The best potting mix for an Alocasia Sinuata is a blend of peat moss, fir bark, perlite and sand.
These ingredients promote good drainage while retaining water and nutrients.
It is important that the growing medium be thoroughly moistened before planting.
Place the potting mixture in a bucket and add enough water to saturate it.
Mix well with your hands or a small shovel. Allow the mixture to drain for up to an hour before proceeding.
The Alocasia is native to the Philippines and parts of Malaysia and Taiwan.
It is a tropical plant, so it thrives in warm, humid weather. This plant loves temperatures that stay between 70-78 degrees Fahrenheit, or about 21-26 degrees Celsius.
If you keep your plant outside during the summer months and live in a climate that gets cooler at night, bring your Alocasia indoors after sunset and don’t put it back outside until morning; if the temperature drops below 60 degrees Fahrenheit, or about 15 degrees Celsius, the plant will suffer.
If you’re keeping your Alocasia inside for the winter months, make sure that it’s near a window, the more natural sunlight it receives, the better, and keep an eye on the thermostat.
As long as the temperature stays above 65 degrees Fahrenheit (18 degrees Celsius), your Alocasia will be happy!
Fertilizer for this type of plant should be applied once every month in the spring and summer months.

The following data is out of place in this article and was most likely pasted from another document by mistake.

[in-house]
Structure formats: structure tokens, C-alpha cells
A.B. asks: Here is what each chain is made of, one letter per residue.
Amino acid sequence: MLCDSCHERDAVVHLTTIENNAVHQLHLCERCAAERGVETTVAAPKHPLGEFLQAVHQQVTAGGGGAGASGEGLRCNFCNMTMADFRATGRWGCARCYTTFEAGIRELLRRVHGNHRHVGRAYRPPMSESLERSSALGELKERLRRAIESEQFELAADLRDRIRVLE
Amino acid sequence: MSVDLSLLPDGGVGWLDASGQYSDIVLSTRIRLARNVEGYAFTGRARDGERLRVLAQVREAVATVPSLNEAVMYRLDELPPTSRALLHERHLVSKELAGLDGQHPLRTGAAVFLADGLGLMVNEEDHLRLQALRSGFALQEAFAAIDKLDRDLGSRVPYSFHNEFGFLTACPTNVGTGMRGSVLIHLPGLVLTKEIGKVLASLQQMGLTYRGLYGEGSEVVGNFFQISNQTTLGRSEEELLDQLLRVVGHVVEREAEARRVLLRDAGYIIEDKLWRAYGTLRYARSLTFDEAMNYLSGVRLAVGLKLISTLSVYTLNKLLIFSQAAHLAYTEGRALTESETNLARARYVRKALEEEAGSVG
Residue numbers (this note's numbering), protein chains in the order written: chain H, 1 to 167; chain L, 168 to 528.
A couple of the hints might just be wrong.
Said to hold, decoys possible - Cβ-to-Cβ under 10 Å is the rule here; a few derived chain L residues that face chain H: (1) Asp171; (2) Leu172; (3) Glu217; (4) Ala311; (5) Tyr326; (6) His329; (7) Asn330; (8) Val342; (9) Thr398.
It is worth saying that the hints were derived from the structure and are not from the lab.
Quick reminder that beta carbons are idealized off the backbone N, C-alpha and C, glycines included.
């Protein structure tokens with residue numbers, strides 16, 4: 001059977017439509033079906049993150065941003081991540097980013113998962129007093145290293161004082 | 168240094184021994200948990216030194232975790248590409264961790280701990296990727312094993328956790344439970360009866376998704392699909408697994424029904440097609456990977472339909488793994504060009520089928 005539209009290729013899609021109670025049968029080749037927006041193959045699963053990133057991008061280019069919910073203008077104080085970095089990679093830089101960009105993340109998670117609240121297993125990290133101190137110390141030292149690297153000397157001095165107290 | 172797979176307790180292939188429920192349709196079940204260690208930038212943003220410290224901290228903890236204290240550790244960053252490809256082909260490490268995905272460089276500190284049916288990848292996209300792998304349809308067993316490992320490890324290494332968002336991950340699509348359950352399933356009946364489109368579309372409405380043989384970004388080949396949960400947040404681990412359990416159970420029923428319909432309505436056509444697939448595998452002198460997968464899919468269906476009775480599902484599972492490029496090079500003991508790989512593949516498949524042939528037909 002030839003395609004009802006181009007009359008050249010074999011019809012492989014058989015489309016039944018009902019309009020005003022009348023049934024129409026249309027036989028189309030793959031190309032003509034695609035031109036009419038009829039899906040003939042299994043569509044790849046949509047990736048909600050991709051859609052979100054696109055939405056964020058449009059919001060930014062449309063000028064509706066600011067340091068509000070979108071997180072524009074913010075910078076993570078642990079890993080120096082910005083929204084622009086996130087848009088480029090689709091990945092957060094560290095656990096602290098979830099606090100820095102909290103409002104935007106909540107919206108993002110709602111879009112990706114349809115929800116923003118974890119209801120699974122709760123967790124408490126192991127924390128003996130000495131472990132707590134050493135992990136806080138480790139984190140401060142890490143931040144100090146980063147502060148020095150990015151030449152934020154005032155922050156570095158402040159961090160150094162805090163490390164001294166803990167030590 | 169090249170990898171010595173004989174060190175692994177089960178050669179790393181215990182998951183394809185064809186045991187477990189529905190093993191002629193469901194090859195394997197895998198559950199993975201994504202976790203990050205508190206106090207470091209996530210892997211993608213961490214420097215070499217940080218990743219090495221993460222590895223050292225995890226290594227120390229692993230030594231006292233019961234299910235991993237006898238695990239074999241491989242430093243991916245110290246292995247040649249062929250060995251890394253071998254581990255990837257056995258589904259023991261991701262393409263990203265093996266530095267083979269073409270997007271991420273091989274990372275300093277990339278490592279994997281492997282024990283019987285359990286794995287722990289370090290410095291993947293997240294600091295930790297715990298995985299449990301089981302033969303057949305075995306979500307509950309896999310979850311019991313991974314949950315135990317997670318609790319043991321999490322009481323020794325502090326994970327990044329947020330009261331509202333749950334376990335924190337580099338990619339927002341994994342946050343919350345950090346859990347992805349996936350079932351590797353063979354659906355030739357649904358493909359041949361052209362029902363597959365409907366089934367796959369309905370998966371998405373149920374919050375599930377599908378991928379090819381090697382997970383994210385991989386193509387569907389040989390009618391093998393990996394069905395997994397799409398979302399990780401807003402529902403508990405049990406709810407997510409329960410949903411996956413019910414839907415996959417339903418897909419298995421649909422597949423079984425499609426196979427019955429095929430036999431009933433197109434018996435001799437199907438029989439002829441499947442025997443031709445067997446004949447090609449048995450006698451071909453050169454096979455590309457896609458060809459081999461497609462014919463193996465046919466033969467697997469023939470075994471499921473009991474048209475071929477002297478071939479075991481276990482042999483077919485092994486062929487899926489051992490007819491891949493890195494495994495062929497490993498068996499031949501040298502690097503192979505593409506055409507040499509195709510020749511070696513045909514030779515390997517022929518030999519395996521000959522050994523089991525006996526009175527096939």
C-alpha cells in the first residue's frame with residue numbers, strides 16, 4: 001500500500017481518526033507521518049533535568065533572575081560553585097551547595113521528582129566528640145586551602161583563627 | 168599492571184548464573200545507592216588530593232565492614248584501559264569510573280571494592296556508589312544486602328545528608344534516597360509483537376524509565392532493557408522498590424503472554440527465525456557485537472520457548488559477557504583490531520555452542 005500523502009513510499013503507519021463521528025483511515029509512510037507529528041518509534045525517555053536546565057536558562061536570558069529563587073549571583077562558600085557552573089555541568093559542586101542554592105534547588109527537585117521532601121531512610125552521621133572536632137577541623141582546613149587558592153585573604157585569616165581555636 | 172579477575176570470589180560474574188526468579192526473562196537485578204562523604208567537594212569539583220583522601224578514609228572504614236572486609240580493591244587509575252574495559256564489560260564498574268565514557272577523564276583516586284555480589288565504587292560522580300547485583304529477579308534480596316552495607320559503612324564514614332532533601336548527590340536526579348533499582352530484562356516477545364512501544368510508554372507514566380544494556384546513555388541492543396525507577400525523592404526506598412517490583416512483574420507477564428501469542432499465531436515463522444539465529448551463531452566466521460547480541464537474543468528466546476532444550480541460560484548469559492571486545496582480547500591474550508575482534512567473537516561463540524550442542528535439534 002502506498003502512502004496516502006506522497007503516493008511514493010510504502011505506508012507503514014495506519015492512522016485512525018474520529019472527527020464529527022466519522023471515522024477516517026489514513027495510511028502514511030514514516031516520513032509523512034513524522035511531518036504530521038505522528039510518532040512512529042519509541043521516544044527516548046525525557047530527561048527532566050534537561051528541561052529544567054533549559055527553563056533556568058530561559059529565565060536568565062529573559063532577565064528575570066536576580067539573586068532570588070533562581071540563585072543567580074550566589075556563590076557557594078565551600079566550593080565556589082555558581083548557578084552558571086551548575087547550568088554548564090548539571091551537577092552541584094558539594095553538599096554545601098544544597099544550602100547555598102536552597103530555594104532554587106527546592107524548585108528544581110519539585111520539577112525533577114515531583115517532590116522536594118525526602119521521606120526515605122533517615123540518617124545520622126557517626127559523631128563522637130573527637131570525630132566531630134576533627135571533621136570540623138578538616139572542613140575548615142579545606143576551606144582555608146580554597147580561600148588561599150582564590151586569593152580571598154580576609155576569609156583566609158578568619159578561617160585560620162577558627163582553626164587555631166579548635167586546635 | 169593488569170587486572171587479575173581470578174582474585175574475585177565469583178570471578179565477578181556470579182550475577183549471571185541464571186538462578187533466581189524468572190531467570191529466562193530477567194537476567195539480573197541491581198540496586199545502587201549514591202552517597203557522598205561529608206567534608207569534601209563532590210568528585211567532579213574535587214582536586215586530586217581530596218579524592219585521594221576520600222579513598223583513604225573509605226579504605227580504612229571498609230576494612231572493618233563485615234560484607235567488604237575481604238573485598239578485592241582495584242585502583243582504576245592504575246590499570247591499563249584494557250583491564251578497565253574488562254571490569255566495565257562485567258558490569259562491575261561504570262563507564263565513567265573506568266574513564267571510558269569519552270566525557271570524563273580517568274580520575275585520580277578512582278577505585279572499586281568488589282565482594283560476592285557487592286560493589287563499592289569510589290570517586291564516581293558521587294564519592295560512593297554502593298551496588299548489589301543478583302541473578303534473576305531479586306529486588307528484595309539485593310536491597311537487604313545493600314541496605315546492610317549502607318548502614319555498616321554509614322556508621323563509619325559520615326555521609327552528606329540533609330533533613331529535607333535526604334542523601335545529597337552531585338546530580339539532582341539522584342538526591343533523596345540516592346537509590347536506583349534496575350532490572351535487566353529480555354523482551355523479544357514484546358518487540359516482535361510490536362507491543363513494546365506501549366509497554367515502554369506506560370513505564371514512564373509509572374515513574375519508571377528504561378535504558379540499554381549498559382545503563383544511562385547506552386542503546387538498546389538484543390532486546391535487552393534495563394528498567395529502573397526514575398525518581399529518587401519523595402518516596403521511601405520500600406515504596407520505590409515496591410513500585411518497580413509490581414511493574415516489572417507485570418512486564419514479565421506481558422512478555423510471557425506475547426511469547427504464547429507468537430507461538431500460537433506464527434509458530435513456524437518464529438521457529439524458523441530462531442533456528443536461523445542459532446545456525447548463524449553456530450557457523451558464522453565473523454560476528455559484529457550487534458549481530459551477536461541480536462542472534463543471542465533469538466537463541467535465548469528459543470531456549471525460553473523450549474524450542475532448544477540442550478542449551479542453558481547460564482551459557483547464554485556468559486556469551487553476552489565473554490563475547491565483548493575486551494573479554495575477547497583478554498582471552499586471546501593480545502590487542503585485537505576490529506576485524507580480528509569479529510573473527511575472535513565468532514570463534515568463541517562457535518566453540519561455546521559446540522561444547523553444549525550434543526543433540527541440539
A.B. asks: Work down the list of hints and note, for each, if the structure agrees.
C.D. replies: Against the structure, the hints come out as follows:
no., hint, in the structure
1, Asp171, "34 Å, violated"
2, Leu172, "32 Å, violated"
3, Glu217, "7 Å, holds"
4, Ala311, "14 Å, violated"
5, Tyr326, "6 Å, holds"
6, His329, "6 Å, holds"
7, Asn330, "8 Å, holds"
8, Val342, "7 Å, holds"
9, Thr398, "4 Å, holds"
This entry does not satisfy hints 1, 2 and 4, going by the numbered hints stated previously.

It is important that you use a fertilizer that has micronutrients to keep the plant healthy and strong.
You want to make sure that the ingredients in your fertilizer are not harmful to other plants or animals, especially if you plan on growing the sinuata outside.
The plant needs nitrogen, phosphorus and potassium to grow.
Nitrogen helps with the leaf growth, potassium is good for the root system. And phosphorus helps the plant to produce more flowers.
When fertilizing your alocasia sinuata, it is important to remember not to over-fertilize it.
If you over-fertilize your alocasia sinuata, then its leaves may turn yellow or brown and fall off.
Instead of using too much fertilizer, use just enough so that your sinuata has enough nutrients without drowning them with too many additives.
Alocasia can be propagated by division of tuberous rhizomes or tubers in early spring or by seed.
The large-scale propagation of Alocasia species using seed is not common due to the lack of seeds or their low germination rate.
Alocasia sinuata are easily propagated by division of the rhizomes.